I am a messy sewist, a fact which I mean to rectify. Leaving little piles of scraps on the floor after cutting a project, I’d push them off to the side or under the coffee table, to wait for re-use or rubbish.
In the spirit of change, after cutting out all the pieces for a long-sleeved shirt, I gathered my pile of scraps and put them haughtily in the kitchen trash.
The fabric was a flannel remnant and the scraps remaining were few – there was no point saving them.
I set to constructing the shirt over the next 2 week nights.
Night 3 rolls around and all I have left to do is attach the sleeve cuffs. Gleefully applying interfacing to the cuffs, I’m increasingly excited to have a flannel shirt of my own. 1 cuff piece…2 cuff pieces…..
I only cut 1 set of cuffs. And my irreplaceable scraps were in the kitchen trash- UNDER kitchen trash.
For a few moments, I sat horrified. There was no more fabric, there was no saving this. I had a shirt with only 1 sleeve cuff.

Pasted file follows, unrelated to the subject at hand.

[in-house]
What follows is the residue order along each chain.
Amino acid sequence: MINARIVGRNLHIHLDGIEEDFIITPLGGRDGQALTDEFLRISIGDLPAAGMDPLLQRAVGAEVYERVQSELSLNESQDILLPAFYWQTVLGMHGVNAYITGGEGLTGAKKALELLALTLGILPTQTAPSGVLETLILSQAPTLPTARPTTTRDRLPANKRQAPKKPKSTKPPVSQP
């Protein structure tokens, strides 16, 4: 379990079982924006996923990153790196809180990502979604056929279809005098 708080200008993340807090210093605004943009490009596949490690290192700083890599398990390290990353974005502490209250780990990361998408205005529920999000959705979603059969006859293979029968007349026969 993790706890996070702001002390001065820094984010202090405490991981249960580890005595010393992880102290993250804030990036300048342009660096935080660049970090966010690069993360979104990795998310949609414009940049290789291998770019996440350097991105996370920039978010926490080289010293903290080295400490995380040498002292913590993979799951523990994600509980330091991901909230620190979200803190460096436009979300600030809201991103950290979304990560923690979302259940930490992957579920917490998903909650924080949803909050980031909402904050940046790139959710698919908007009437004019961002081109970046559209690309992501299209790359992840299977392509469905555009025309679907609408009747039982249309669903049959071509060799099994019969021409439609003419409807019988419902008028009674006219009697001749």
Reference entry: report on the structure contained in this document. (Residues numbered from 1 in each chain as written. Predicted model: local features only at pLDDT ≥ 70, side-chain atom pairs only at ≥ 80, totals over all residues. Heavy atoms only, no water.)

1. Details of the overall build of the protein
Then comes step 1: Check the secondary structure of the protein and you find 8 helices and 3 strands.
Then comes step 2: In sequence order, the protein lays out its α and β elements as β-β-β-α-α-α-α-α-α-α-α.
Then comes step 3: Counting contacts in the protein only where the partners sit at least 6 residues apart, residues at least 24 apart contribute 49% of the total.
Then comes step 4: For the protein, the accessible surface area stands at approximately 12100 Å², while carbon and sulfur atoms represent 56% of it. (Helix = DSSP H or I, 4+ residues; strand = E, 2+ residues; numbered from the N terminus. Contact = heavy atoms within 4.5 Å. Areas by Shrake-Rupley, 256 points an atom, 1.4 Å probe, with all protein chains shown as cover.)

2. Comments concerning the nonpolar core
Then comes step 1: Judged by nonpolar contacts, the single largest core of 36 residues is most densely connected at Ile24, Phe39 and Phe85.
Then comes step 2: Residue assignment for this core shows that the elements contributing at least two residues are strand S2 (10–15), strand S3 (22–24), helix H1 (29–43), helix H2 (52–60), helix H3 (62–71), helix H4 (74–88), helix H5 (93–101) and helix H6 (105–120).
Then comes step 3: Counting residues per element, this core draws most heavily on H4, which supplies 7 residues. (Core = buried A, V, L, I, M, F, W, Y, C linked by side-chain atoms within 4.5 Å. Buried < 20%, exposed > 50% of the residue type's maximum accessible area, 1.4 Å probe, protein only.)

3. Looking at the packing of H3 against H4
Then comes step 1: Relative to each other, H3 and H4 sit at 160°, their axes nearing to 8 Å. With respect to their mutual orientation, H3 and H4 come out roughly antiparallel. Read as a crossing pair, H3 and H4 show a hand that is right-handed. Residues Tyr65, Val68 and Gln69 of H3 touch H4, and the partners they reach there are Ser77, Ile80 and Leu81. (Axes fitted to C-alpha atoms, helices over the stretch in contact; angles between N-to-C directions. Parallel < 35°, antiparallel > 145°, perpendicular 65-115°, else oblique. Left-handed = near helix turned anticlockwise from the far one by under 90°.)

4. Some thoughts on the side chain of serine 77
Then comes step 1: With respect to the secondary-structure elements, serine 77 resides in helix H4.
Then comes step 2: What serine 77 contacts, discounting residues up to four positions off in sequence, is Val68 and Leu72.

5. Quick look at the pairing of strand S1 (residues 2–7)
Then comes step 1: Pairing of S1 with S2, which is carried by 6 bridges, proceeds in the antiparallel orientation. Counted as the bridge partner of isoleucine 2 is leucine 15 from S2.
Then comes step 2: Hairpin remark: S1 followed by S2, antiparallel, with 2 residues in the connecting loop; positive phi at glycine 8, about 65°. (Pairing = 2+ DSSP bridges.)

I rush to the trash can, swallowing my pride. Open the wooden trash cabinet and I can see the scraps. They’re somehow, luckily, magically, not filthy.
After staring at them for a long moment, I snatched them from the trash like a sneaking raccoon, offering them up before my iron.
I crank the heat and steam settings and cut the cuffs out of the scraps, trying not to touch them too much. There’s barely enough left, the cuffs crookedly cut.
The steam rushes from my iron, hissing on full blast. I steam them over and over, then one last time to fuse the interfacing.
Cautiously I sniff the cuffs. They don’t smell; they’re not even dirty.
Success! I finish the shirt and give it a little extra washing before letting it live in the closet.
It’s one of my coziest shirts. 2 Winters of wear and going strong. I think of it as my Garbage Shirt.
I don’t pitch my scraps until a project is done. Instead, I neatly fold them up and keep them in my sewing case until I’m finished.
It’s a Hannah Montana compromise, best of both worlds. The scraps are off the floor but not in the trash.
And I don’t have to resort to garbage rescues.
Thanks for reading!